Vaping: The good, the bad and the maybes
20 September 2022
Opinion: Are e-cigarettes safe, and are they, as they have been promoted in Aotearoa New Zealand, an effective smoking-cessation aid, asks Kelly Burrowes.
When electronic cigarettes, also known as vapes, e-cigarettes, e-cigs, mods, vape pens and so on became available it seemed like the invention many had been waiting for – something that would reduce the huge burden of tobacco products, the leading cause of preventable death in the world.
But are they safe, and are they, as they have been promoted in Aotearoa New Zealand, an effective smoking-cessation aid?
Since 2018 when nicotine e-cigarettes became easily available in this country, they have become remarkably popular, not only among those trying to quit, but among young people who never smoked. The world has seen similar trends, with the US declaring youth e-cigarette use as a national epidemic in December 2018.
It is generally agreed that vaping is less dangerous than smoking cigarettes, but this is yet to be proven definitively, as is how effective they are as a smoking-cessation aid.
The rapid evolution of vaping technology and the range of liquids used inside these devices means we don’t always know what is being inhaled when vaping. Just as it took decades to prove that smoking caused lung cancer and a number of other diseases, by which time it was too late for many, it will take time to understand how vaping affects our health.
The appeal of e-cigarettes is unsurprising in many ways – they’re considerably cheaper than cigarettes, they have become more socially acceptable, partly because they don’t smell as bad, they’re easier (particularly for young people) to buy, they allow for the ‘puffing’ activity, which for many is what made cigarettes so popular, and they actually taste pretty good.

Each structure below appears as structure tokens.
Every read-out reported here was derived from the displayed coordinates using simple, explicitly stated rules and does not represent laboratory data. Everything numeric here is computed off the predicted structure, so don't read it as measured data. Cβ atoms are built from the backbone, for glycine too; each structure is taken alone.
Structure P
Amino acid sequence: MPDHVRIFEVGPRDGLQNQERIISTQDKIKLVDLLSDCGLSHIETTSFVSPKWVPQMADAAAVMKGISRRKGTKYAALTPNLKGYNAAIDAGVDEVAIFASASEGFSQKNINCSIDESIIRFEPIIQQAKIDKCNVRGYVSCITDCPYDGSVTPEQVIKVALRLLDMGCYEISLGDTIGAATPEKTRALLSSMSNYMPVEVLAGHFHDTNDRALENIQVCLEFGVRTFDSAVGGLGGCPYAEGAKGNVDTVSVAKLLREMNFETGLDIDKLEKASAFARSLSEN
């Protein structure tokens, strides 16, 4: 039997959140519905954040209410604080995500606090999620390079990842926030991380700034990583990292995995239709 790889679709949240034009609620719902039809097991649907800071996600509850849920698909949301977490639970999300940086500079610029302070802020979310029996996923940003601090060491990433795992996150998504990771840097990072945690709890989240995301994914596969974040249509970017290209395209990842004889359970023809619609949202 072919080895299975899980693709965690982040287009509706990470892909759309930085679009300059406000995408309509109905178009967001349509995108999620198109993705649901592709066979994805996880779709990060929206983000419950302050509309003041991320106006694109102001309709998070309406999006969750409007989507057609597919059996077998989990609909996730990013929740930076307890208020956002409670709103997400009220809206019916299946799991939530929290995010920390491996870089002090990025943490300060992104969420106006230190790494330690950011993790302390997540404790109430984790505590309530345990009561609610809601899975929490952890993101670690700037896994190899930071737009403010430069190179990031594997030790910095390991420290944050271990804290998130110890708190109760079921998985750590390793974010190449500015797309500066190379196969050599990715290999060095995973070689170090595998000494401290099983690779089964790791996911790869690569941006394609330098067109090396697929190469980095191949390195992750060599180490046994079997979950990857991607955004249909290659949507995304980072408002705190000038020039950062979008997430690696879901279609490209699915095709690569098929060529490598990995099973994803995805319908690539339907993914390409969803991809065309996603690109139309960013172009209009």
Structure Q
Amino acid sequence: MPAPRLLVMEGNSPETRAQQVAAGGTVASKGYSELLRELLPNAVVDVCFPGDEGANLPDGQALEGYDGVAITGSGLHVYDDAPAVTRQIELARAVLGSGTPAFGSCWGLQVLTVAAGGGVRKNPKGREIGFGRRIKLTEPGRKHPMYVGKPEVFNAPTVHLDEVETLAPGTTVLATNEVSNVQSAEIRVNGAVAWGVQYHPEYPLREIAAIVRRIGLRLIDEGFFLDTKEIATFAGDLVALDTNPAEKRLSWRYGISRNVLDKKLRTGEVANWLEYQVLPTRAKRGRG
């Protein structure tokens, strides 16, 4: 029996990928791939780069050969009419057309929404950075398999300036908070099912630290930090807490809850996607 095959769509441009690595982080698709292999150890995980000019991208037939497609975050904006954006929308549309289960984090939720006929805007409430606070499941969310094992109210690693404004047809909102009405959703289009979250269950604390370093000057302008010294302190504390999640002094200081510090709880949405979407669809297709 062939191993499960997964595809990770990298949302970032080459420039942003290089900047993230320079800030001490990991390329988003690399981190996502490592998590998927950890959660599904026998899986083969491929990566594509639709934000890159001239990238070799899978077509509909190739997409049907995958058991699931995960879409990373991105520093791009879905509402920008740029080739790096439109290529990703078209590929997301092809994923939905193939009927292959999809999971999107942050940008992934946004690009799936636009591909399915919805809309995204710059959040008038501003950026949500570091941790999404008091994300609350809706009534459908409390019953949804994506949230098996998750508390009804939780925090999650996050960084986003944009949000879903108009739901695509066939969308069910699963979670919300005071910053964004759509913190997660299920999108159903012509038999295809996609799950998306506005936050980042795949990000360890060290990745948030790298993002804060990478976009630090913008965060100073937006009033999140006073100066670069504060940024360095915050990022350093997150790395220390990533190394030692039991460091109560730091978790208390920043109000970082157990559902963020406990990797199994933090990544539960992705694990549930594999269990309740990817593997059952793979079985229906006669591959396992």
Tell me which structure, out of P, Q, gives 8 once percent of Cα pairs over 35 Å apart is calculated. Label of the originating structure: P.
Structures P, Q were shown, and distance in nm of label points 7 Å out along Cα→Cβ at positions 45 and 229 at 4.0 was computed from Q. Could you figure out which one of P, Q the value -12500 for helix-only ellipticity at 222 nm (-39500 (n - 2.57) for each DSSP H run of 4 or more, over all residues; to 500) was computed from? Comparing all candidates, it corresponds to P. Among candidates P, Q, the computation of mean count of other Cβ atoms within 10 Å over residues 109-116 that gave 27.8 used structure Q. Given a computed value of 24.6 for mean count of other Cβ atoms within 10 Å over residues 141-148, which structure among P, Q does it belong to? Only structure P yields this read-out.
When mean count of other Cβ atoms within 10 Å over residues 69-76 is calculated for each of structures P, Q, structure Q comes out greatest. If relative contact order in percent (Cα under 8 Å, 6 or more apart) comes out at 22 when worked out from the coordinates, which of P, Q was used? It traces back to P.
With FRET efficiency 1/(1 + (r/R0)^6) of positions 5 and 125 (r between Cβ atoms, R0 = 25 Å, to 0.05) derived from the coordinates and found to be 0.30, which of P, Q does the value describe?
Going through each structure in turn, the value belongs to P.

E-cigarettes often contain nicotine, which is an addictive substance, and while there are less chemicals in e-cigarettes the inclusion of nicotine suggests they are addictive. And common sense tells us that inhaling a heated combination of propylene glycol, glycerin, flavourings and other (often unknown) chemicals over the long term is unlikely to be good for our airways, our lungs or our heart.
We found more than 140 different flavouring chemicals in these e-liquids ... We also found formaldehyde (a known carcinogen) in the vape created, and some metals, including silicon in the liquids and iron, zinc and chromium in the aerosol.
We have tested 20 different NZ-made e-liquids consisting of three different brands of tobacco, menthol, and mango flavoured e-liquids with different amounts of nicotine. We found more than 140 different flavouring chemicals in these e-liquids. It has only been since August 2022 that these chemicals have had to be listed on the bottles. We also found formaldehyde (a known carcinogen) in the vape created, and some metals, including silicon in the liquids and iron, zinc and chromium in the aerosol. It’s too soon to understand how these chemicals are interacting with the cells in our body.
Different countries regulate e-cigarettes in different ways, depending on whether they focus on their potential harms for the population as a whole, or their potential impact as a harm reduction tool for smokers. New Zealand is taking the latter approach, to support our collective journey to a Smoke Free Aotearoa, so vaping products are still visible in vape shops, dairies and petrol stations, where cigarettes are now hidden from view.